A “flow-down” clause provides that a subcontractor assumes toward the builder all the duties and obligations the builder has assumed toward the homeowner. Flow-down clauses can create a number of problems. If the clause is interpreted broadly, the subcontractor may have agreed to build the entire home. If the intent of the clause is to impose on the subcontractor only the technical requirements of the contract that apply to the subcontractor’s scope of work, an overly-broad flow-down clause obviously will not accomplish this intent.
In a Nevada case, a contract clause stated that the risk of loss of completed work remained with the builder until final acceptance by the project owner. The clause was incorporated into a subcontract by a flow-down clause. The subcontractor ultimately bore the risk of loss until final acceptance of the home.
And in a Washington State case, a prime contract required the builder to name the owner as an additional insured on the builder’s liability policy. The court held that a general flow-down clause did not impose this obligation on a subcontractor since it was not sufficiently precise to put the subcontractor on notice that this was required.
A few Indiana courts have interpreted flow-down clauses, often with mixed results. In one Indiana case, a contract required the builder to provide the owner with lien waivers prior to receiving payment. The subcontract contained no such requirement, but a flow-down clause incorporated the lien waiver requirement into the subcontract. The lien waiver was held to be a necessary condition to the subcontractor’s right to get paid.
In a 2002 case, the court considered the standard flow-down clause contained in the contract forms promulgated by the American Institute of Architects. The court noted that “a flow through provision is intended to incorporate into the subcontract the provisions of the prime contract which related to the subcontractor’s performance.” The court found that an acceleration claim submitted by the subcontractor was barred by the failure to provide written notice of the claim within the time required by the contract between the owner and builder.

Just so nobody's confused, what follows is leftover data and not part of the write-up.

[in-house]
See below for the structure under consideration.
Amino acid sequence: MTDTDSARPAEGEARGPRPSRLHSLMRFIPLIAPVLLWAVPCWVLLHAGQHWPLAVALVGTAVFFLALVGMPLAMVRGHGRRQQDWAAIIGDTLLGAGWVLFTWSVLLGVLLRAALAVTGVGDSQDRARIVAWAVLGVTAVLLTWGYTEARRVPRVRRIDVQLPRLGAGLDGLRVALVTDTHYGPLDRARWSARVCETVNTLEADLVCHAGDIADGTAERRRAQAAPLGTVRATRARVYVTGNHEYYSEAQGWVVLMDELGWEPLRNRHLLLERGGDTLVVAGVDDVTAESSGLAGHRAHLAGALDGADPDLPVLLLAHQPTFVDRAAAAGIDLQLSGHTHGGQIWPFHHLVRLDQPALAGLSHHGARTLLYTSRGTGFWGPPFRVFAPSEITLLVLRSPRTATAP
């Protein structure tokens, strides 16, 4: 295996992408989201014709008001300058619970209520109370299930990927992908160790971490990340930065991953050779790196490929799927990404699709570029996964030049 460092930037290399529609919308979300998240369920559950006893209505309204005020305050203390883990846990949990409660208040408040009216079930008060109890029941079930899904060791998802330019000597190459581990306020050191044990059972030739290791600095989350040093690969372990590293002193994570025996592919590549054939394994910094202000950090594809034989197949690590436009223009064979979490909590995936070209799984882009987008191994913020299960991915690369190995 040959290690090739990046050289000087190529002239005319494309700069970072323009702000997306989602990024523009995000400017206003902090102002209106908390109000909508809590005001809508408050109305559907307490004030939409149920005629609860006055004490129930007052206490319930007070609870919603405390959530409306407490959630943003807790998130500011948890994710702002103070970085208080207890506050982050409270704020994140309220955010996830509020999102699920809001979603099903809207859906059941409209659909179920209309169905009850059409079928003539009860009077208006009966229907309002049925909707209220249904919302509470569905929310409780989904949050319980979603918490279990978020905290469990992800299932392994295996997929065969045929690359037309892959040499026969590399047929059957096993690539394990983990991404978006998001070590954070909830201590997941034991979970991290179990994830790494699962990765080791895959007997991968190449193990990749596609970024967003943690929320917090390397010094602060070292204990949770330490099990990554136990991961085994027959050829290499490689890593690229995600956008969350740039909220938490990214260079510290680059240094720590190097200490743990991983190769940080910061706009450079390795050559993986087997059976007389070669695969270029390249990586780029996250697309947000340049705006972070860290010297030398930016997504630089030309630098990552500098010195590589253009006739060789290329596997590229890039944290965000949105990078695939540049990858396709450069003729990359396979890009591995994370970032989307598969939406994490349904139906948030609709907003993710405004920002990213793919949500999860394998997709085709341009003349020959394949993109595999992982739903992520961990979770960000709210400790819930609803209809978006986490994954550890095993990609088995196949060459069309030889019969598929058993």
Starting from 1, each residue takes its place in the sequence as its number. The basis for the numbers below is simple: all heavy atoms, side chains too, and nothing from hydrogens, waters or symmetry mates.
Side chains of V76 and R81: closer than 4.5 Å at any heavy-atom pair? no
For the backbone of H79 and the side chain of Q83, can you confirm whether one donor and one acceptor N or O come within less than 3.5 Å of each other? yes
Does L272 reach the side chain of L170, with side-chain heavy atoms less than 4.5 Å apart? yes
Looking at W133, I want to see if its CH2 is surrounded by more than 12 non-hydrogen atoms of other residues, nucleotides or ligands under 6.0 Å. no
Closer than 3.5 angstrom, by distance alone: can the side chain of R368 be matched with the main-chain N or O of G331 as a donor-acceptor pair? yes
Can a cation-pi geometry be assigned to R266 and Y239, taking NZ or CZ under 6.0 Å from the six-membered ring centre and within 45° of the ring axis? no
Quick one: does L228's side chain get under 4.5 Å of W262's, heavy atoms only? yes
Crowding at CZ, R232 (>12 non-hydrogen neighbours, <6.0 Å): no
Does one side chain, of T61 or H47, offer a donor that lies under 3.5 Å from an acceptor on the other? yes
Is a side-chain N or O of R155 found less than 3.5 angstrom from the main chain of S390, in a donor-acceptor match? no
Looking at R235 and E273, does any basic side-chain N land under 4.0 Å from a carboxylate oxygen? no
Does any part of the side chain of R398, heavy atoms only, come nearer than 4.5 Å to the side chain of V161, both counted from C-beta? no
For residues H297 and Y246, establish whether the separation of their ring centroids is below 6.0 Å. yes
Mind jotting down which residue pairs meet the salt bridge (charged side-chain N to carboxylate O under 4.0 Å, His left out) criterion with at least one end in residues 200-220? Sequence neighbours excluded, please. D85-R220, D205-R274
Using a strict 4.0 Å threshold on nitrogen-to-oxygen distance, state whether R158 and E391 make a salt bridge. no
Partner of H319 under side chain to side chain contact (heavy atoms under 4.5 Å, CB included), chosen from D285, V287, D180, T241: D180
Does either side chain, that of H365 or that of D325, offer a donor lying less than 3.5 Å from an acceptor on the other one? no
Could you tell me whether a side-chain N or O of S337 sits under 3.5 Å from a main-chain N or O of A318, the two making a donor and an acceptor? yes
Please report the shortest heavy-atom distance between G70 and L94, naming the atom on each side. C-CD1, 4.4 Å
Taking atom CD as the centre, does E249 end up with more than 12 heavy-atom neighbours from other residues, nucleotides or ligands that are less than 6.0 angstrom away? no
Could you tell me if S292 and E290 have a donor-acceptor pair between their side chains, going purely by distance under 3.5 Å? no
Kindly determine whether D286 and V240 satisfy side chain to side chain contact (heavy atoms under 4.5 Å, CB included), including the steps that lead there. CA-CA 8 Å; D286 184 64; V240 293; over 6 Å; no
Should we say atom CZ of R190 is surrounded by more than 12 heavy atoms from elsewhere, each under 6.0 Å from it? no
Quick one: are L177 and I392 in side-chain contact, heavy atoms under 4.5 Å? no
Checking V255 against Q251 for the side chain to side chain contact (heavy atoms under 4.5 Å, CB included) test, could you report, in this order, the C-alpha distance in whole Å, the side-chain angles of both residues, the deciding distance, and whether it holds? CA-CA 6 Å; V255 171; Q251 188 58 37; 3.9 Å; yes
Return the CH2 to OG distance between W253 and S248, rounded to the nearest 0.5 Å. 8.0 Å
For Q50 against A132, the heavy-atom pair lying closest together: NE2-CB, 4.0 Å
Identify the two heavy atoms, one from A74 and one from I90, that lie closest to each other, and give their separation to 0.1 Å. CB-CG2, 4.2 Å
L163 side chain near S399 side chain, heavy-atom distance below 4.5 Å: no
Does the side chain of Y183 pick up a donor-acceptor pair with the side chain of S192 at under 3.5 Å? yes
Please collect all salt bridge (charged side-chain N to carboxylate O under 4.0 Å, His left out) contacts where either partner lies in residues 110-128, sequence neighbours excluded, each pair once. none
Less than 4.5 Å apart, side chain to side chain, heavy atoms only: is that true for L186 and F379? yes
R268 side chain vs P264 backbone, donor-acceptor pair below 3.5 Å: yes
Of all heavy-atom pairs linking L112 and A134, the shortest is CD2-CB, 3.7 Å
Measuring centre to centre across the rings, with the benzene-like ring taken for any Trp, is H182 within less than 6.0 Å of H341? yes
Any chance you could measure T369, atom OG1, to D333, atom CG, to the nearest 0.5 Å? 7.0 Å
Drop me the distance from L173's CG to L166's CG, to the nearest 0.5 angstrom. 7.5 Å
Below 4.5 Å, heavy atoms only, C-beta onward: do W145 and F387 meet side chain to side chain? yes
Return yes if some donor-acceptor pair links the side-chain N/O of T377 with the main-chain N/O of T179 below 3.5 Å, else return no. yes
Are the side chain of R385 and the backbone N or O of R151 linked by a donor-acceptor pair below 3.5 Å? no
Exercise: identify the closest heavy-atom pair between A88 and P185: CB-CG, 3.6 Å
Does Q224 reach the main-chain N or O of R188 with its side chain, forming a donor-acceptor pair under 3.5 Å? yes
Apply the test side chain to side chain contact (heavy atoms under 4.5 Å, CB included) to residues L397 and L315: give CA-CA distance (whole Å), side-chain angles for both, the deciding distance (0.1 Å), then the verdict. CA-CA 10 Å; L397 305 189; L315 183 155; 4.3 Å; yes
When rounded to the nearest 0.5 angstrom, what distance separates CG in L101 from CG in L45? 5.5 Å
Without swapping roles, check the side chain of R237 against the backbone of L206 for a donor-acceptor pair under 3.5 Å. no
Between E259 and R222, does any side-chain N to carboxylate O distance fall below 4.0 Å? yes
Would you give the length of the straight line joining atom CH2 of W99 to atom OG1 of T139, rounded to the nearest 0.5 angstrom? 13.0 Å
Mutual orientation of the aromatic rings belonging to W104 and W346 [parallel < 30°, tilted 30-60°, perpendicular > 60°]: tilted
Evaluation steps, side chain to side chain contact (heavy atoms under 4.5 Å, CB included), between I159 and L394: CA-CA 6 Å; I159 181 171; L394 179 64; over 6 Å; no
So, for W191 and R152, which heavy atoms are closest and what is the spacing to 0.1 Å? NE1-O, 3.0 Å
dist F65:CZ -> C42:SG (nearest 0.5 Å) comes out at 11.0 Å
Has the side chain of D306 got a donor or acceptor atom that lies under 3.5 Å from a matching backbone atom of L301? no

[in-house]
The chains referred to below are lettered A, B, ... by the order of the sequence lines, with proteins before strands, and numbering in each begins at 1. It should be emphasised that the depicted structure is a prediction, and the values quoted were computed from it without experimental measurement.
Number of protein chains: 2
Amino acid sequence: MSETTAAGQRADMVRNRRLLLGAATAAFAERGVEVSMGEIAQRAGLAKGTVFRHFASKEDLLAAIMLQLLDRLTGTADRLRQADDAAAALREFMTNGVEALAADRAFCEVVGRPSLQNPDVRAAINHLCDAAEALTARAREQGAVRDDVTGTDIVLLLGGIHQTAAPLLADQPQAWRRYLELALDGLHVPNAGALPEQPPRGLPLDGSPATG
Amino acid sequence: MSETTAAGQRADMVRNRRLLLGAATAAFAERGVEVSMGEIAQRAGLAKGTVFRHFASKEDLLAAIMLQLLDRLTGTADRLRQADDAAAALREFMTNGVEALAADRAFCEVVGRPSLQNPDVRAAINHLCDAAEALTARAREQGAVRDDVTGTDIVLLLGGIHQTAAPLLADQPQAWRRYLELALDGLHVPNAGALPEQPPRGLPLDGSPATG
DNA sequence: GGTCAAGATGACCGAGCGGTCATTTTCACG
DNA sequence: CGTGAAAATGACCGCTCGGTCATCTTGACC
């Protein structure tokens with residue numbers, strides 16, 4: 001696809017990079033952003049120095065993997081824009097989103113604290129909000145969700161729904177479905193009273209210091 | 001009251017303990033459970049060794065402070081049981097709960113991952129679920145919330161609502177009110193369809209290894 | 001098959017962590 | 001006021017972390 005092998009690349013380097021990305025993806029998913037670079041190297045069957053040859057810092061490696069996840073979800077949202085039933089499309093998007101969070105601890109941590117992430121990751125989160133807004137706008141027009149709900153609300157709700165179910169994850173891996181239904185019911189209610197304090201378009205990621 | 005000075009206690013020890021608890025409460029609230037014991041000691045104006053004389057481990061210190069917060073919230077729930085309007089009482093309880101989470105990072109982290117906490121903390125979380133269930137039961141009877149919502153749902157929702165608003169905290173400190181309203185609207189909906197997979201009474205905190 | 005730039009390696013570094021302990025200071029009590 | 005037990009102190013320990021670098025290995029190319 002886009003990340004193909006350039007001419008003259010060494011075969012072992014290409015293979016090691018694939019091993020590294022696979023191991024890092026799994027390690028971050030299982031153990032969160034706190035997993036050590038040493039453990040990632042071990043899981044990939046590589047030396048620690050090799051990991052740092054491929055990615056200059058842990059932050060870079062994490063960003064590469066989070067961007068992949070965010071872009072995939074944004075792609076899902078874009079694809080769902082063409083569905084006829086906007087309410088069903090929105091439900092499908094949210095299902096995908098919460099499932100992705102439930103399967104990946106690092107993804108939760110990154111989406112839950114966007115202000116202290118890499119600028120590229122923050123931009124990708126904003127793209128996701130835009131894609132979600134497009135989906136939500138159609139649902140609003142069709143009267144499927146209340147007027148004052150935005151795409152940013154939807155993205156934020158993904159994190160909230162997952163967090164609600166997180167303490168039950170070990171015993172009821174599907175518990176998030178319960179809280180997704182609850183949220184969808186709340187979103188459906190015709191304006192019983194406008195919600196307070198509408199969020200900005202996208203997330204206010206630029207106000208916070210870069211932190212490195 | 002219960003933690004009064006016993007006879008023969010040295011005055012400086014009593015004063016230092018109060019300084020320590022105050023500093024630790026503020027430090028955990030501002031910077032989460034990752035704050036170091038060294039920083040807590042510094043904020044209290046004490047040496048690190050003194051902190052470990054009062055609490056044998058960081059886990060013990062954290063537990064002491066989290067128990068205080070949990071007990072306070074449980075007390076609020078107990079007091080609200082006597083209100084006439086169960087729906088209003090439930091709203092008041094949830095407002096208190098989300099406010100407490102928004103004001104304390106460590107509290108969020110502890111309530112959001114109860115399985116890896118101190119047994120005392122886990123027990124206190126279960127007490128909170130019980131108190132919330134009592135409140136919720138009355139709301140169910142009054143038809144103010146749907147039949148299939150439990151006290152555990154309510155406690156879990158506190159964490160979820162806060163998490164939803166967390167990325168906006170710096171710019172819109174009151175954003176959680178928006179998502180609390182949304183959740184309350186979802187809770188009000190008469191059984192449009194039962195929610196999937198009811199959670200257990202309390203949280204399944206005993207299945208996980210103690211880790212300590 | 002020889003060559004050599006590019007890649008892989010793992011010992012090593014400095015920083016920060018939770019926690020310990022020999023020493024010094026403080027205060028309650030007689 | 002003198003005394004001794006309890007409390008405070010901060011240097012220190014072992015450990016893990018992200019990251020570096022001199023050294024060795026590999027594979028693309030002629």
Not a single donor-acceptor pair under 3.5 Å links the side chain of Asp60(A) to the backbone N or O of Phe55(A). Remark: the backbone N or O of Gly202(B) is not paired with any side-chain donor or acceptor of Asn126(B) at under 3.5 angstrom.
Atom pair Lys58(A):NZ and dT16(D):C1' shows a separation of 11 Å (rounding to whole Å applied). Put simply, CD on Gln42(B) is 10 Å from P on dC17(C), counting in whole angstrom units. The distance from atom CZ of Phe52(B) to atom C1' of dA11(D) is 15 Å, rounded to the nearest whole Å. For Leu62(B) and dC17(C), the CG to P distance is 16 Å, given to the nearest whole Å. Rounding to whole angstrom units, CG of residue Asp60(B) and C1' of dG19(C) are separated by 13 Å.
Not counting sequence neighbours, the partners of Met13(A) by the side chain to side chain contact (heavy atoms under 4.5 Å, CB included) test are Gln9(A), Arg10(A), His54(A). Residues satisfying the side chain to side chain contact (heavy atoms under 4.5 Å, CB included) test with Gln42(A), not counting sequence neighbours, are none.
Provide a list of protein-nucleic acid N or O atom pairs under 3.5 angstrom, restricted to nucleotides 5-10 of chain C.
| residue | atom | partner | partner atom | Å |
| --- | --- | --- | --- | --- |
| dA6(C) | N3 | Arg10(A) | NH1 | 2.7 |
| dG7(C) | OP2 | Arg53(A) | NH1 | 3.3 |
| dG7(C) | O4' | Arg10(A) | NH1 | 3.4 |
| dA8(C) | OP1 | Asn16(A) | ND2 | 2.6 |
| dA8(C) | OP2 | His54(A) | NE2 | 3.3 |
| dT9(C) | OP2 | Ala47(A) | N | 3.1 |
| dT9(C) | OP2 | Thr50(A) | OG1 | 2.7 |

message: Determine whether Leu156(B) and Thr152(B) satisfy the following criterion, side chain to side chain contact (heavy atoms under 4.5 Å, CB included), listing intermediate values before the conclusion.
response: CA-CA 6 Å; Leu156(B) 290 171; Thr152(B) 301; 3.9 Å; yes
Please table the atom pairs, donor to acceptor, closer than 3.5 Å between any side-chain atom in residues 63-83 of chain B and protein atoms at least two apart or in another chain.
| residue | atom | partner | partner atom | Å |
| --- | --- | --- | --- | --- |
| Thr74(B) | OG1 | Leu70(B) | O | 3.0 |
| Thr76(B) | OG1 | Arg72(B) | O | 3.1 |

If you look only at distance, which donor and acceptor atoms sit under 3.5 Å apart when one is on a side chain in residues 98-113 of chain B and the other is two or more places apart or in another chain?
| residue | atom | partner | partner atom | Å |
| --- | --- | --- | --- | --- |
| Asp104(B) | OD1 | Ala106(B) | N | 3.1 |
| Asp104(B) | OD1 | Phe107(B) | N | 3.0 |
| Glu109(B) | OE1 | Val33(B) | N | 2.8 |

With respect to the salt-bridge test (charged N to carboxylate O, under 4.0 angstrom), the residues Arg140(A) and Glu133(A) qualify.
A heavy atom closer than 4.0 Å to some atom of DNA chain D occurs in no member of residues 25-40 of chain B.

Conversely, the court refused to flow-down for the benefit of a subcontractor a preferential interest rate contained in the prime contract in a 2002 Indiana case. The court determined that the flow-down clause only pertained to the “work” provisions of the prime contract applicable to the subcontractor “and as such do not include the payment provisions” of the prime contract. The court also recognized “a public policy interest in allowing subcontractors to negotiate a price without being constrained by the contractor and owner’s negotiated price and method of payment.”
By: J. Greg Easter
On August 21, 2013, the Chicago District Office of the OFCCP will provide compliance assistance to Federal Contractors in: “Compliance Assistance for New/Small Contractors”.
By: Mike Cavosie
So how can a contactor limit its liability for bad work claims?
At least in Indiana, the answer depends on the type of project. For most commercial projects, the parties are free to negotiate the period of time the contractor can be held liable for defective or non-conforming work. A disclaimer or limitation of warranties will generally be enforced by the courts as long as the contract language is clear and unambiguous. Courts, however, generally disfavor disclaimer language; even the clearest language may not be enough to disclaim liability for a bad work claim depending on the nature of the claim and the factual circumstances involved.